When he was not out campaigning for his ordinance or sitting through a screening, the 68-year-old Wells was in his little Northwest side apartment, pounding out letters on cheap MMPC letterhead to local theaters, detailing the various objectionable scenes in whatever picture they had just booked. His commission was as active as it had ever been, one of the stingiest in the country. But if its power was a mile-wide, it was an inch deep. Holed up in the commission “office,” chain-smoking his unfiltered Camels and suffering through the soupy heat of yet another long summer of change and rebellion, Valentine Wells was all too aware of what was coming.

The Strand Theater’s mysterious September 5th listing.

On September 5, the downtown Strand Theater ran a mysterious entry in the newspaper movie listings: “Please Call 271-4244 for the Name of the Picture NOW PLAYING – Rated X – Adults Only.” The ad was an inspired bit of showmanship by Jerry Grueneberg, long-time commission nemesis. Grueneberg and his brother had taken over the Strand lease from the Prudential chain in 1963 and initially preserved the theater’s family-friendly reputation. The Strand even served as the exclusive Milwaukee home to the colossal hit The Sound of Music, running it for nearly two solid years between 1965 and 1967. But as their profits dipped, Grueneberg showed that he was still not shy about aggravating the MMPC. The mystery film he debuted in late 1969 was the excessively titled Can Heironymus Merkin Ever Forget Mercy Humppe and Find True Happiness? The picture was a bizarre and explicit English romp, telling the story of a satanic folk singer and his dalliances with a string of starry-eyed groupies. The commission had banned the picture because of its excessive nudity – both male and female – and strong sexual content. After discovering that the Strand’s mystery picture was Heironymus, Wellsdispatched vice officers to the theater. After viewing the film, they went to the DA with a request to have the film declared obscene and the Strand’s operators arrested. The DA declined the request.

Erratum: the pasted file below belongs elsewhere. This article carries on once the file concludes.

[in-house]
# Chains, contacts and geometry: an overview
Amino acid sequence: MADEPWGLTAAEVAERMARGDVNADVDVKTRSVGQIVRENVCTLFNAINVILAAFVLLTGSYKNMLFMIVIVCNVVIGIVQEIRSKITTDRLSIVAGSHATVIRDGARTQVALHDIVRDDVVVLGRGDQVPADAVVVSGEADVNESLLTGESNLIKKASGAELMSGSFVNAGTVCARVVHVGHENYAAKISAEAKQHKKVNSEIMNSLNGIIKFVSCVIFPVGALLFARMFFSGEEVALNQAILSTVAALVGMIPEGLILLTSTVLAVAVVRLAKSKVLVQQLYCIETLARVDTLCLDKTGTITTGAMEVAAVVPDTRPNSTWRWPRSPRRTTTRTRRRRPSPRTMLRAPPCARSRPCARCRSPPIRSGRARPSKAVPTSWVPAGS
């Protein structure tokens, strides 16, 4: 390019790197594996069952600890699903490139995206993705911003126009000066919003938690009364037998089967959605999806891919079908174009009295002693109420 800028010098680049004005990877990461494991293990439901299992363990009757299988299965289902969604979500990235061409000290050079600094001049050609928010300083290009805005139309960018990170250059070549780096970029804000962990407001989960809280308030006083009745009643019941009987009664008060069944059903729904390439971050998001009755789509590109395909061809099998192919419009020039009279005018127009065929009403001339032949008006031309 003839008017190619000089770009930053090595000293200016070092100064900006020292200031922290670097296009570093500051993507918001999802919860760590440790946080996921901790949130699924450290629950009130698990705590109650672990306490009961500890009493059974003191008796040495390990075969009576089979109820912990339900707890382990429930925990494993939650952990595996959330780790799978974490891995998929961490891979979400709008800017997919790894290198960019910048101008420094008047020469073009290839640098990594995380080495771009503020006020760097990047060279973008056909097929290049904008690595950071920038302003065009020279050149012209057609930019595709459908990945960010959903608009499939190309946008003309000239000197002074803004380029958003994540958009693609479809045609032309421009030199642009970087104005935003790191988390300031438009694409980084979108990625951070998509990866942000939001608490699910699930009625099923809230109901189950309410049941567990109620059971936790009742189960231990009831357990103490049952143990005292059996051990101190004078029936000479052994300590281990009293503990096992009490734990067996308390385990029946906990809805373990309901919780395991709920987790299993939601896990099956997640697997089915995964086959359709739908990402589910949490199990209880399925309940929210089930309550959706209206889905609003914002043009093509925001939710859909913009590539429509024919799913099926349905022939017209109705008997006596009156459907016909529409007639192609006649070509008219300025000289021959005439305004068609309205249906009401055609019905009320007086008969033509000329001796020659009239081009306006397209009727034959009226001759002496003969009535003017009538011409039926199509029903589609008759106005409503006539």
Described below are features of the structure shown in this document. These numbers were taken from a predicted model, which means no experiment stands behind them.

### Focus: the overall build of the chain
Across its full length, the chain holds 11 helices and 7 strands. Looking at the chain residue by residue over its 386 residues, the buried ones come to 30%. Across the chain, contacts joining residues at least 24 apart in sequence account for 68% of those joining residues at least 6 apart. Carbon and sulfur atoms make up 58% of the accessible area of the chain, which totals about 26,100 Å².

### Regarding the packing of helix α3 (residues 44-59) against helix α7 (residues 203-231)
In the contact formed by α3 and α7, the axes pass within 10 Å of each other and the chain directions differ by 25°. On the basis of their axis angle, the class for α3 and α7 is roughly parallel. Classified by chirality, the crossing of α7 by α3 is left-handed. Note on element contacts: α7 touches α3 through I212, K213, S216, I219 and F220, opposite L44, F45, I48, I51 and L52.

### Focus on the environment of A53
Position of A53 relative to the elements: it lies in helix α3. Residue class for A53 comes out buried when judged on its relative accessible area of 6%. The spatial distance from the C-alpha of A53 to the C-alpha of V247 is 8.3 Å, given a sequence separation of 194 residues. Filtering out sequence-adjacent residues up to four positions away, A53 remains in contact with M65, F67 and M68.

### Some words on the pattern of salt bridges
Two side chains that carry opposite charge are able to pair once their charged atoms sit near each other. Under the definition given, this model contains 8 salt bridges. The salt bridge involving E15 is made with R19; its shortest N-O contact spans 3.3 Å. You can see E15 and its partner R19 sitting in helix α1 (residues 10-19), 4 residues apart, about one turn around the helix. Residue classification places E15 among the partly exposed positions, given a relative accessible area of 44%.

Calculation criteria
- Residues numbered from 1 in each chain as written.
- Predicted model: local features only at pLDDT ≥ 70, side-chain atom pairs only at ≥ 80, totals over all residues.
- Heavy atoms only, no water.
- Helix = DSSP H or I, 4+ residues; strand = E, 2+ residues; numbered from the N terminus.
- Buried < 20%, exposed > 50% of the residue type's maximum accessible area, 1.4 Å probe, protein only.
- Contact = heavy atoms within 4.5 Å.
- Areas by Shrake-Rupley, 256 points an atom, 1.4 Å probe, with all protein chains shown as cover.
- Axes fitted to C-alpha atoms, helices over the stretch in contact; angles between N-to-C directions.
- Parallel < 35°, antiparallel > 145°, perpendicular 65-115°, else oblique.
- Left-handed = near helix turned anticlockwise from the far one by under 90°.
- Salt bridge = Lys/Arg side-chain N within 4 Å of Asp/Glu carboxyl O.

In itself, the three-week run of Heironymus at the Strand was not all that damaging to the commission. Grueneberg’s gag of refusing the allow the film’s title to appear in print helped to keep the incident quiet and save face for the MMPC. The refusal of the DA to act on the picture was disappointing for the commission, but not entirely surprising. Heironymus might have contained explicit scenes, but it was hardly a sex film and had a hard time meeting any legal definitions of obscenity of the time. Furthermore, its engagement at the Strand could be dismissed as another Jerry Grueneberg stunt. The picture’s engagement at the Strand did not indicate a change in programming at the theater. After the film left town, it was replaced by Butch Cassidy and the Sundance Kid and, once again, all city theaters were in compliance with the MMPC.

But by the time Heironymus closed, Wells already knew what was coming to Milwaukee that October. Ben Marcus, owner of the largest chain of theaters in the city, had booked De Sadeinto his Timesand Esquiretheaters despite a commission ruling that it was too sexually explicit to play for the public. Marcus had previously shown cautious support for the commission, even backing Wells’ early attempts at an increase in pay. But he could no longer afford to pass over potential moneymaking pictures because of the “recommendations” of the commission. The move was the one Wells had feared. While the likes of Jerry Grueneberg, the Princess, and the Tower Art operated in a realm of their own, Ben Marcus was as mainstream as it got in the Milwaukee movie business. When the picture opened on October 3 at least a half-dozen other movies playing in the city were doing so with commission-ordered deletions. If these other theater operators saw Marcus go rogue without consequence, they would be quick to follow.